Within this, a manufacturing execution system is a level 3 system, otherwise known as a manufacturing operations management system (MOMS).

It can receive and send information to level 4 systems, such as an ERP software responsible for manufacturing planning and logistics. Level 1 and 2 systems control production processes, including continuous and discrete control and batch automation systems to track production. Finally, level 0 refers to physical manufacturing production at your shop floor level.

Having all these systems communicating and working together is vital to increase your productivity.

Illustration explaining the difference between ERP, MES, Control Systems, and Shop Floor.
A worker sitting at his desk using Katana on a laptop

MES vs. ERP vs. MRP: What’s the difference?

ERP, MES, and MRP can share a lot of functionality, but they all have a specific role to fill. Let’s go over the differences between these systems.

ERP is like the backbone of the company’s operations, handling the big-picture tasks. It creates and manages basic production schedules, material use, deliveries, and shipments and gathers all sorts of information about your business.

It also dives into inventory management, order management, accounting, human resources, and customer relationship management (CRM). Think of ERP as the conductor, ensuring all parts of the business are in sync, from the front office to the factory floor.

MES, on the other hand, zooms in on the shop-floor manufacturing operations. It’s all about managing and reporting on production line activities in real time. MES is the section leader for the manufacturing process, ensuring each instrument (or machine) and musician (or worker) performs optimally, notes are played correctly (quality control), and the piece is performed on time (production scheduling).

Then there’s MRP, which focuses on the planning, scheduling, and inventory control of the manufacturing process. MRP is like a meticulous composer, deciding which notes need to be played (materials needed) and when (timing) to ensure the music (production) flows smoothly without interruption.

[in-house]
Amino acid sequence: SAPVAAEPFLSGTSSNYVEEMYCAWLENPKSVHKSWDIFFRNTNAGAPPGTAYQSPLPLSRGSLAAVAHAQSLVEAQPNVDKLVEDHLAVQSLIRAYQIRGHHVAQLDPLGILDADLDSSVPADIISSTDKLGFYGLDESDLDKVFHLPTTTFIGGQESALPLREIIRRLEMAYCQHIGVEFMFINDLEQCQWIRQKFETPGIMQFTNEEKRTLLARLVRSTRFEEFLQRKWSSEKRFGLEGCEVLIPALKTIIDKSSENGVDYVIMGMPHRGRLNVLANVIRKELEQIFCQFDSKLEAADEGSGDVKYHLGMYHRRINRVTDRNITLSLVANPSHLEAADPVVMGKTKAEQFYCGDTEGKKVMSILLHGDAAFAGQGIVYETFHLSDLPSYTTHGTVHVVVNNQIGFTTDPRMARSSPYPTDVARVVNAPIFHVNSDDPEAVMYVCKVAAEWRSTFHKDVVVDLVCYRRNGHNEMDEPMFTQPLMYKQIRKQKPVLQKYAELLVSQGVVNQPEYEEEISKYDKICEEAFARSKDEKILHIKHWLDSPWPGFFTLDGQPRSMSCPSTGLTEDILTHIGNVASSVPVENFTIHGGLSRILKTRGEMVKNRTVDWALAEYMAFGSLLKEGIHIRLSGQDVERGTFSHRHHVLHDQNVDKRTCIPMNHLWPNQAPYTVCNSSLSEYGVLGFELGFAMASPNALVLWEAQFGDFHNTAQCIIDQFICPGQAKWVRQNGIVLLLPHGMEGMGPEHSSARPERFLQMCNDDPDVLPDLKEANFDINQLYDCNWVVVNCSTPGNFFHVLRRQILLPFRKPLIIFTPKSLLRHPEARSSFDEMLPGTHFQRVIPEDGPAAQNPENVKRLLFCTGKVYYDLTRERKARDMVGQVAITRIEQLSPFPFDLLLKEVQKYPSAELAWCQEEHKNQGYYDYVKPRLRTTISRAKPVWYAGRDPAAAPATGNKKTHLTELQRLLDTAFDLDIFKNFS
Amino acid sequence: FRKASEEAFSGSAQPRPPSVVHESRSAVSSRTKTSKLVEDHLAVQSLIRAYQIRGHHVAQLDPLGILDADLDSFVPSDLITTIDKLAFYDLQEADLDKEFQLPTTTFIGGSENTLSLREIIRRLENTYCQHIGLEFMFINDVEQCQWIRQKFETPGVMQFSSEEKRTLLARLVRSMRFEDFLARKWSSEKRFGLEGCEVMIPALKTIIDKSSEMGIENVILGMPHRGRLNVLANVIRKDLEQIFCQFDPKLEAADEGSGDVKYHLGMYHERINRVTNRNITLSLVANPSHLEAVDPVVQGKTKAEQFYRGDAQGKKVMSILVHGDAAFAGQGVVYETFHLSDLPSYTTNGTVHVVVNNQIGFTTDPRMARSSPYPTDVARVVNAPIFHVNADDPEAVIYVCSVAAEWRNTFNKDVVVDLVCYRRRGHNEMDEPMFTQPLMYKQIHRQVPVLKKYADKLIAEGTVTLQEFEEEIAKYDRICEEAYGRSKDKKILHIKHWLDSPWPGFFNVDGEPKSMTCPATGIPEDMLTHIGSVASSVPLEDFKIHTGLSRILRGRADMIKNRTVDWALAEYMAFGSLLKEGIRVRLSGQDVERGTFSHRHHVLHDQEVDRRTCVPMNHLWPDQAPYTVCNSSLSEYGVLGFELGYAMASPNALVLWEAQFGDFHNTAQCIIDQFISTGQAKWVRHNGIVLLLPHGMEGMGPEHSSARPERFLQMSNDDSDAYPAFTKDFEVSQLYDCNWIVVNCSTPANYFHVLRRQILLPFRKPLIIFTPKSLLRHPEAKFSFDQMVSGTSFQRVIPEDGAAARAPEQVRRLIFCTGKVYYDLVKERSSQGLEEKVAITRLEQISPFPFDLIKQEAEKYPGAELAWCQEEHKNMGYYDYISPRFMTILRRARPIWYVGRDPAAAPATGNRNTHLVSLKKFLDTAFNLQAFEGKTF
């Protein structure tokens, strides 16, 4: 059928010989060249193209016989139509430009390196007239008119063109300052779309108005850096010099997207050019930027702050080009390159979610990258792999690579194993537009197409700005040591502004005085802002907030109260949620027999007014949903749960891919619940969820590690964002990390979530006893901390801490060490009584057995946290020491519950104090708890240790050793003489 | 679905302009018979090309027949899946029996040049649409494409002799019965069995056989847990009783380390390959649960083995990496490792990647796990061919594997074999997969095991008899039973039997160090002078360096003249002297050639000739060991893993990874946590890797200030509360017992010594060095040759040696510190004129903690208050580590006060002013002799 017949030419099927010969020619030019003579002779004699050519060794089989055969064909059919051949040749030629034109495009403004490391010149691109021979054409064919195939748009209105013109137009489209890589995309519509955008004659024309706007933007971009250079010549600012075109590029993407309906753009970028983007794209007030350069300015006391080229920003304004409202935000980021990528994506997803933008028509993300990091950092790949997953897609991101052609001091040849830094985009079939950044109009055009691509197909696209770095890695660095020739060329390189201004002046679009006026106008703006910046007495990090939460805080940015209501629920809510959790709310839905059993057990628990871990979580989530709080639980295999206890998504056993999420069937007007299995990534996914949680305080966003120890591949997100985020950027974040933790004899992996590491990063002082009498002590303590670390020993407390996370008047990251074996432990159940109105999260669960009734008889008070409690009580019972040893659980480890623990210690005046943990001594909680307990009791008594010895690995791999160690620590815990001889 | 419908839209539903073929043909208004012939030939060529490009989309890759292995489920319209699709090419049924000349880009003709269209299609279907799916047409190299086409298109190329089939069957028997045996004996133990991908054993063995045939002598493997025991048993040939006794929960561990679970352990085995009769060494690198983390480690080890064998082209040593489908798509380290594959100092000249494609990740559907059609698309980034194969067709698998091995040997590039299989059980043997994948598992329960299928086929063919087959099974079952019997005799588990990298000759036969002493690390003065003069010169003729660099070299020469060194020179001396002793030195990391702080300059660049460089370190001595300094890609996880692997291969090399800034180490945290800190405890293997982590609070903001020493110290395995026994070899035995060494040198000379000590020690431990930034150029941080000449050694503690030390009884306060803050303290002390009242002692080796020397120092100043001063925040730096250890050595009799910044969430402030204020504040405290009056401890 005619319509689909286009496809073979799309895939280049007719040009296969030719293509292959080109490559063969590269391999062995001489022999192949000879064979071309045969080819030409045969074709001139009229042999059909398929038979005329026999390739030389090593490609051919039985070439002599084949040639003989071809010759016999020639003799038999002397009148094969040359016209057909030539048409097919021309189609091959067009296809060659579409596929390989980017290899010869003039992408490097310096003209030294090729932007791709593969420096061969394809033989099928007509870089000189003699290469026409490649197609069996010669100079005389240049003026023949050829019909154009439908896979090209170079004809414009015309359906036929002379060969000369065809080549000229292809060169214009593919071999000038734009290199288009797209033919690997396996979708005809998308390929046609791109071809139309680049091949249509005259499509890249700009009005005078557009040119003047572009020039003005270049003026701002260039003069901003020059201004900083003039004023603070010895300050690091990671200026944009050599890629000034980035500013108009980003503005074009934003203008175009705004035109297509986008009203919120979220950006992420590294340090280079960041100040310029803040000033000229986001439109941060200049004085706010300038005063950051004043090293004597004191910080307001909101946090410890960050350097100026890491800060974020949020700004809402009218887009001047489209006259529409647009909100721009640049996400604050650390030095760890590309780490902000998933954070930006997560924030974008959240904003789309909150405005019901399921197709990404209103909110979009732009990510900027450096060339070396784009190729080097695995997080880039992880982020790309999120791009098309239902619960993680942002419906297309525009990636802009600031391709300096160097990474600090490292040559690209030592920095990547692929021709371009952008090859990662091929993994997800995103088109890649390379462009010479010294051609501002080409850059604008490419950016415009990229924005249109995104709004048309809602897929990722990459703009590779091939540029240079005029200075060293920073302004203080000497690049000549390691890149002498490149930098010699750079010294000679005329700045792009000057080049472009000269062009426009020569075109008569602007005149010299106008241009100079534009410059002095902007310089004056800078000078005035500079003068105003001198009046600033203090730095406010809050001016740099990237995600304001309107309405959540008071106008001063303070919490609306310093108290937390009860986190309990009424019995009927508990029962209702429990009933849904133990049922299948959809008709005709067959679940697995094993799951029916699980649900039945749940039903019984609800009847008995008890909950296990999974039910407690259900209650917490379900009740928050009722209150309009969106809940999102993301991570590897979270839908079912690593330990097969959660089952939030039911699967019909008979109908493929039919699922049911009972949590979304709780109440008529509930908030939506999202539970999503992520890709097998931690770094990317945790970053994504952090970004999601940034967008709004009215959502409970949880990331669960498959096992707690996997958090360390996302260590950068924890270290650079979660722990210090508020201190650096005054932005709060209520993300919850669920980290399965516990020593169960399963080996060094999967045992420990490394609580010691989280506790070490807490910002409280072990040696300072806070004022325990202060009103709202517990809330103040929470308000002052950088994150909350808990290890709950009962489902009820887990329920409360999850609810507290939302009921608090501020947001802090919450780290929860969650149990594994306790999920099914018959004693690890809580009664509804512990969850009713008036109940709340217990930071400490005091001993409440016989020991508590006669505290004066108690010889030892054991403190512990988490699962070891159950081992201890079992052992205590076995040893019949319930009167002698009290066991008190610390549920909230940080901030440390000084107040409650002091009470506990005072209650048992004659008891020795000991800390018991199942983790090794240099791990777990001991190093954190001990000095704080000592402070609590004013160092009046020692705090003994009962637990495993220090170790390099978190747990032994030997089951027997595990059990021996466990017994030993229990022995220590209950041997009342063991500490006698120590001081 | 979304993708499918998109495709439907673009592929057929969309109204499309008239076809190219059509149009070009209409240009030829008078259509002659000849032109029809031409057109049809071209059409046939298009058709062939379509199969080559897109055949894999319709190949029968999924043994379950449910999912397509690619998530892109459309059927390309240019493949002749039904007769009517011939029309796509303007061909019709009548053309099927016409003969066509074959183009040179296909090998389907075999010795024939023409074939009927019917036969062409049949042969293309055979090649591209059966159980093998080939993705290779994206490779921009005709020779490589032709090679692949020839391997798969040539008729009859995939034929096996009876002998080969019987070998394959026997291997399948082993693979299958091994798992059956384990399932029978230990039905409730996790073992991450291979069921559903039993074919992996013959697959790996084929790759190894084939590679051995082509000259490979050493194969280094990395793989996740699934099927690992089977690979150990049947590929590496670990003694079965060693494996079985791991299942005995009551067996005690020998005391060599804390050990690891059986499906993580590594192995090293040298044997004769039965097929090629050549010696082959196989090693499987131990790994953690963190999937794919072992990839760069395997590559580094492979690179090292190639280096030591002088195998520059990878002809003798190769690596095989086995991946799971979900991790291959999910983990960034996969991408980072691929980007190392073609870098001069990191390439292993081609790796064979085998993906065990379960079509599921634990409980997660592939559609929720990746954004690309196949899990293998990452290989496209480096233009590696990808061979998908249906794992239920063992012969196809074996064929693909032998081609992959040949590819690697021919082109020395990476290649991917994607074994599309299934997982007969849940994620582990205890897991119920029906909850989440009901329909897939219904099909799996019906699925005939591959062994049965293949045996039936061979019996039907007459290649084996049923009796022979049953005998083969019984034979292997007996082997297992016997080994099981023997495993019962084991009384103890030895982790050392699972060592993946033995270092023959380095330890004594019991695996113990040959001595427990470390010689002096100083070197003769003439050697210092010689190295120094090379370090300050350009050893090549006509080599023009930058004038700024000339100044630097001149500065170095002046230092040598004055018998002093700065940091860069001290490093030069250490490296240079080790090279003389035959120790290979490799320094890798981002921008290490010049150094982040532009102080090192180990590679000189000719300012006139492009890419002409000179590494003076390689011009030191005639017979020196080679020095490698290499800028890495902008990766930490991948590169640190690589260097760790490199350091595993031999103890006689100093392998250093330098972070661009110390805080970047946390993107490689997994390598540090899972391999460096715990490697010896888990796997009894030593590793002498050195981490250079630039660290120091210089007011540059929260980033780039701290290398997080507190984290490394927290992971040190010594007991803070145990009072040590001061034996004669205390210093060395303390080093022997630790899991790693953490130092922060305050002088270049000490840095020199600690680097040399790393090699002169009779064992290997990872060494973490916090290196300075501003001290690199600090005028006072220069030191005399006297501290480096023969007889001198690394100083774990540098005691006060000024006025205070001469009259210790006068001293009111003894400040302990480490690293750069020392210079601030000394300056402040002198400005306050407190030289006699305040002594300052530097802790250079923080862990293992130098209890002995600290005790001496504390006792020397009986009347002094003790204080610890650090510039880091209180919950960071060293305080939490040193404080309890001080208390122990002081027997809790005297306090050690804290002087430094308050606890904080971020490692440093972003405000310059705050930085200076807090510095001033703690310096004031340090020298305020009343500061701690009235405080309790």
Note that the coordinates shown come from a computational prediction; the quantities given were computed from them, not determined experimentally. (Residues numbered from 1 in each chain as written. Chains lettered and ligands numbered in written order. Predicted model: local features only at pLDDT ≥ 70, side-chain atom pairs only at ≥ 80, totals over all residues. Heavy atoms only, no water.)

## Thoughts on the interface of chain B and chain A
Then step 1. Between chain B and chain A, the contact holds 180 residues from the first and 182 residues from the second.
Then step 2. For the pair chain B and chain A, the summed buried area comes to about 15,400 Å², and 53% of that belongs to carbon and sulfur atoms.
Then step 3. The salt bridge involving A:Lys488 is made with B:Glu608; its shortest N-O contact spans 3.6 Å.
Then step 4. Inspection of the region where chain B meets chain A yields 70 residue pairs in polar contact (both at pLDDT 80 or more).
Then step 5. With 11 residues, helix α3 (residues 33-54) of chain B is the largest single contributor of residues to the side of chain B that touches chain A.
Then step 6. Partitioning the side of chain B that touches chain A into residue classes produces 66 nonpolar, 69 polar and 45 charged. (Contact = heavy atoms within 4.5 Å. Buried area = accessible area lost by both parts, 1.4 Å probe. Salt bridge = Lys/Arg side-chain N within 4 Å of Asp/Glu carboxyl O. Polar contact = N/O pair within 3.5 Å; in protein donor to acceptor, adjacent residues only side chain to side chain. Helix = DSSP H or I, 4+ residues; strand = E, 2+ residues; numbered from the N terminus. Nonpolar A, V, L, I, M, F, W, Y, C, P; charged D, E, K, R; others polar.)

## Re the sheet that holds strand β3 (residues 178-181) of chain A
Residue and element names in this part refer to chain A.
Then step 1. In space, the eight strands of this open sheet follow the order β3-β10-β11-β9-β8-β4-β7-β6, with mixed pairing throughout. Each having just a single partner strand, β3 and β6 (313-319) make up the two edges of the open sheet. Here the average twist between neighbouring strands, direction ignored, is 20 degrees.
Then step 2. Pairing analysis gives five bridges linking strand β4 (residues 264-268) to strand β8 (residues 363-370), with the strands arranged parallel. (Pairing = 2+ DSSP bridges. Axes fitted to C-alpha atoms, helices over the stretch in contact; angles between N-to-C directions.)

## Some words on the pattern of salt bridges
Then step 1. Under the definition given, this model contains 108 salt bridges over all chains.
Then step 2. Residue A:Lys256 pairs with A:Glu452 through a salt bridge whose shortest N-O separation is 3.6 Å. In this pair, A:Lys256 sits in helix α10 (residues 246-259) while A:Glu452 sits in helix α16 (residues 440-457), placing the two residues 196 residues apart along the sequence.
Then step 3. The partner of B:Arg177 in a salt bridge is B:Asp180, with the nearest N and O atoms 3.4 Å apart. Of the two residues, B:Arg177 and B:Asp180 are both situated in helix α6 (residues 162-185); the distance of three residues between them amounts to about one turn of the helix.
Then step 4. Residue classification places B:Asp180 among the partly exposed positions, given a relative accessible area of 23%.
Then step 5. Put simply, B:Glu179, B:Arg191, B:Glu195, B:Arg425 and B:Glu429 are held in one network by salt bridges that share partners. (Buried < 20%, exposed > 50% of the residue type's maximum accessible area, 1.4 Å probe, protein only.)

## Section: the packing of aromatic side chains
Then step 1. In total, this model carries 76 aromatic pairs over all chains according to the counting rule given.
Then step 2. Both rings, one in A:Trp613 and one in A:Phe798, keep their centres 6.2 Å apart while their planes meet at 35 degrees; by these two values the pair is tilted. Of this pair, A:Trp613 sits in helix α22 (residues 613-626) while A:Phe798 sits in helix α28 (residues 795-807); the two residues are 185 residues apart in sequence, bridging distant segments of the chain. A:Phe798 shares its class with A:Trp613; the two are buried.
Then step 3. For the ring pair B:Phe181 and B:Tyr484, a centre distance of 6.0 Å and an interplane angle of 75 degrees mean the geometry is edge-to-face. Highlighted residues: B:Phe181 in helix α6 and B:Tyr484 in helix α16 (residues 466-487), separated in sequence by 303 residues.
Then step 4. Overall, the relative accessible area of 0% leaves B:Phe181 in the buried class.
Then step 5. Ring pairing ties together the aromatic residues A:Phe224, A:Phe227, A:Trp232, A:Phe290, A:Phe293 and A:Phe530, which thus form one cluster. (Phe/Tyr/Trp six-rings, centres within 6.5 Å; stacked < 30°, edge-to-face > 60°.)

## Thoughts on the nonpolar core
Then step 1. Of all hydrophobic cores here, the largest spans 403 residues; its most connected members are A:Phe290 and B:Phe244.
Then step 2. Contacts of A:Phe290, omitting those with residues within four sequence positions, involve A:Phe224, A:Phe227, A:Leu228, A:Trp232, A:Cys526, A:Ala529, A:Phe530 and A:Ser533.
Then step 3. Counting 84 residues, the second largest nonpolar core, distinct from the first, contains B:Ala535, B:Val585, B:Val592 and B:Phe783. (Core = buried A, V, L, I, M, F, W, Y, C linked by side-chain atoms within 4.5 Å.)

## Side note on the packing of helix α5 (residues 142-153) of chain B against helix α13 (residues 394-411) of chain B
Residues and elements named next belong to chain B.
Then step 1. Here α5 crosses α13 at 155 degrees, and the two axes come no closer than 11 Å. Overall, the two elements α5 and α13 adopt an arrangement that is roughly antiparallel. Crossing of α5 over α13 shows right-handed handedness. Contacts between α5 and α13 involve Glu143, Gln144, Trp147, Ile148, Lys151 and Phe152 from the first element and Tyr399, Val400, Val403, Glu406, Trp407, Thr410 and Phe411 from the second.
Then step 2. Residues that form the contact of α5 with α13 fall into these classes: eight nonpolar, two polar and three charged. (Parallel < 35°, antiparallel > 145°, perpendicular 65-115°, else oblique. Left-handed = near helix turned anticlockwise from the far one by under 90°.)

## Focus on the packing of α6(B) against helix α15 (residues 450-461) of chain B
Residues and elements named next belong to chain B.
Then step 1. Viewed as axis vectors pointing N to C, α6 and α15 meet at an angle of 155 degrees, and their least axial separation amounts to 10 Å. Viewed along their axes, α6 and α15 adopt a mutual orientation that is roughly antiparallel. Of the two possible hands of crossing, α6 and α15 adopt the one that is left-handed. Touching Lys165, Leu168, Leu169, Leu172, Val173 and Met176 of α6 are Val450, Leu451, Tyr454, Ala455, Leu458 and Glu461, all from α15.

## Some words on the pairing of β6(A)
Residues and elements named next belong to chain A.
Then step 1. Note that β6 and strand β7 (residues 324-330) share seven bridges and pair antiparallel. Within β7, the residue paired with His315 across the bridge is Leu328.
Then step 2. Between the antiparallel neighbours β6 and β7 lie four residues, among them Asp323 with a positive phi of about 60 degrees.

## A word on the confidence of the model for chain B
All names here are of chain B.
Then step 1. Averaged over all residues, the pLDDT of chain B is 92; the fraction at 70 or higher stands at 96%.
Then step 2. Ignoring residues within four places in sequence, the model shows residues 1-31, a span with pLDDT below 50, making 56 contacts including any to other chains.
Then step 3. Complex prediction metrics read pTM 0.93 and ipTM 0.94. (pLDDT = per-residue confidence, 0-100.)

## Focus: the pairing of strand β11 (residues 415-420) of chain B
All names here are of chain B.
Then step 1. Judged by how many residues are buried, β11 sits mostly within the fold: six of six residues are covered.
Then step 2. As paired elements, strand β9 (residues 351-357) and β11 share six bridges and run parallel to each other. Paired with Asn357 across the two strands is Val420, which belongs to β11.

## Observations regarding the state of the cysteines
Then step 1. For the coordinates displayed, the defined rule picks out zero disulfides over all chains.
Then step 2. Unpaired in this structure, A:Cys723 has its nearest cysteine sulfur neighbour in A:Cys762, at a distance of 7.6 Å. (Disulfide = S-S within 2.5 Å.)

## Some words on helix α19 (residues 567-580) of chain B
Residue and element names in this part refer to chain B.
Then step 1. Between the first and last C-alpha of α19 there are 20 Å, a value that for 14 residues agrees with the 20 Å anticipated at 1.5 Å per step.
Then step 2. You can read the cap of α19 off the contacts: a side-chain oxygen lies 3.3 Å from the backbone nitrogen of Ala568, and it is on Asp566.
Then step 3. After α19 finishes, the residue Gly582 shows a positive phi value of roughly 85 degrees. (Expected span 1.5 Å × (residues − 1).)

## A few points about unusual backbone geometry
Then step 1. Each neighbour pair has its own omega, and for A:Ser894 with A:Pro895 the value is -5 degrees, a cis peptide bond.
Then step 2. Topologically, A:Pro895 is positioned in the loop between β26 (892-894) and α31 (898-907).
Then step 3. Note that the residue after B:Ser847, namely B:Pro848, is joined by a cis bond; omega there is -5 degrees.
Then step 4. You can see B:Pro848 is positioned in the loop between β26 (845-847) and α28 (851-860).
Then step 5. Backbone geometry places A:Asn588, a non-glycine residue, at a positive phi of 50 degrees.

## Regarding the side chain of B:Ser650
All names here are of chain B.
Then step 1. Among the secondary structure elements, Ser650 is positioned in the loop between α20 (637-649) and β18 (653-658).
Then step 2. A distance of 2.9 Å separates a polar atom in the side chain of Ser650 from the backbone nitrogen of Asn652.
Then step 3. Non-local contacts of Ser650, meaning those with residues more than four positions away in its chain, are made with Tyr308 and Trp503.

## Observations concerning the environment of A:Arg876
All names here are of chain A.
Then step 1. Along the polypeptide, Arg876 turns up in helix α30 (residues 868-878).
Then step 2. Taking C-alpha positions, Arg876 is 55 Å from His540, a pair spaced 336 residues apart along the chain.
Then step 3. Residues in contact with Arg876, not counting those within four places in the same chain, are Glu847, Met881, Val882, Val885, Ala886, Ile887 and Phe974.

As technology advances, the boundaries between ERP, MES, and MRP systems may continue to blur, but each system’s unique focus remains its strength. The key is understanding how they complement each other, ensuring a harmonious performance that leads to efficient production and a successful business.

MES integrations

If you’re already set up with an ERP or material requirements planning system, you may be wondering if MES can work with your other systems.

If your system isn’t already performing the tasks that all three systems need to achieve, here’s how MES systems can benefit your other software.


With your ERP tools, you can prepare your operations, from schedules to deliveries needed, and with your MES systems, you can monitor the progress of jobs from the floor level.


Your MRP is going to help you prepare your inventory for production, and your MES will help you track your raw material consumption on the shop floor.

Illustration highlighting the difference between an MRP and MES System.
A warehouse worker moving boxes of inventory with a manual forklift

Variations on the shop floor

A manufacturing execution system will be one of the most important tools in your arsenal for controlling and managing your shop floor scheduling.

There can be a high level of variation on your shop floor so it presents a great opportunity for you to find areas of your manufacturing operations to optimize and improve production. Knowing the variations that can appear on the shop floor will allow you to use your MES to mitigate these issues. But what are the shop floor variations?

Common cause

Common variations are a part of the process, such as natural wear and tear, old machinery breaking down, and other expected factors.

Special cause

Special variations are unexpected issues, like something external to your production lines. Special variations include:

  • An operator making a mistake
  • Parts breaking
  • Power outages

This is why an MES is perfect for manufacturers using statistical process control to observe the performances of their processes to predict, identify, and remove these sources of variations. Let’s go over some of the ways an MES achieves this.

How does MES help to eliminate variations?

Let’s explore how an MES can help you identify and get rid of the issues causing product variations.

Real-time data

Having a real-time overview lets you detect problems immediately, make corrections, and minimize the faulty finished goods that enter circulation.

Shop floor control rules

MES solution allows you to detect out-of-control or non-random problems by setting rules highlighting issues on the shop floor.

Corrective actions

Once you have a system that can identify variations, you can then start implementing solutions, which can be things including:

  • Training staff
  • Process standardization
  • Refining your processes

That’s everything you need to know about MES. But is MES the right tool for your business?

Illustration showing Katana's production scheduling feature

Is a manufacturing execution system right for your business?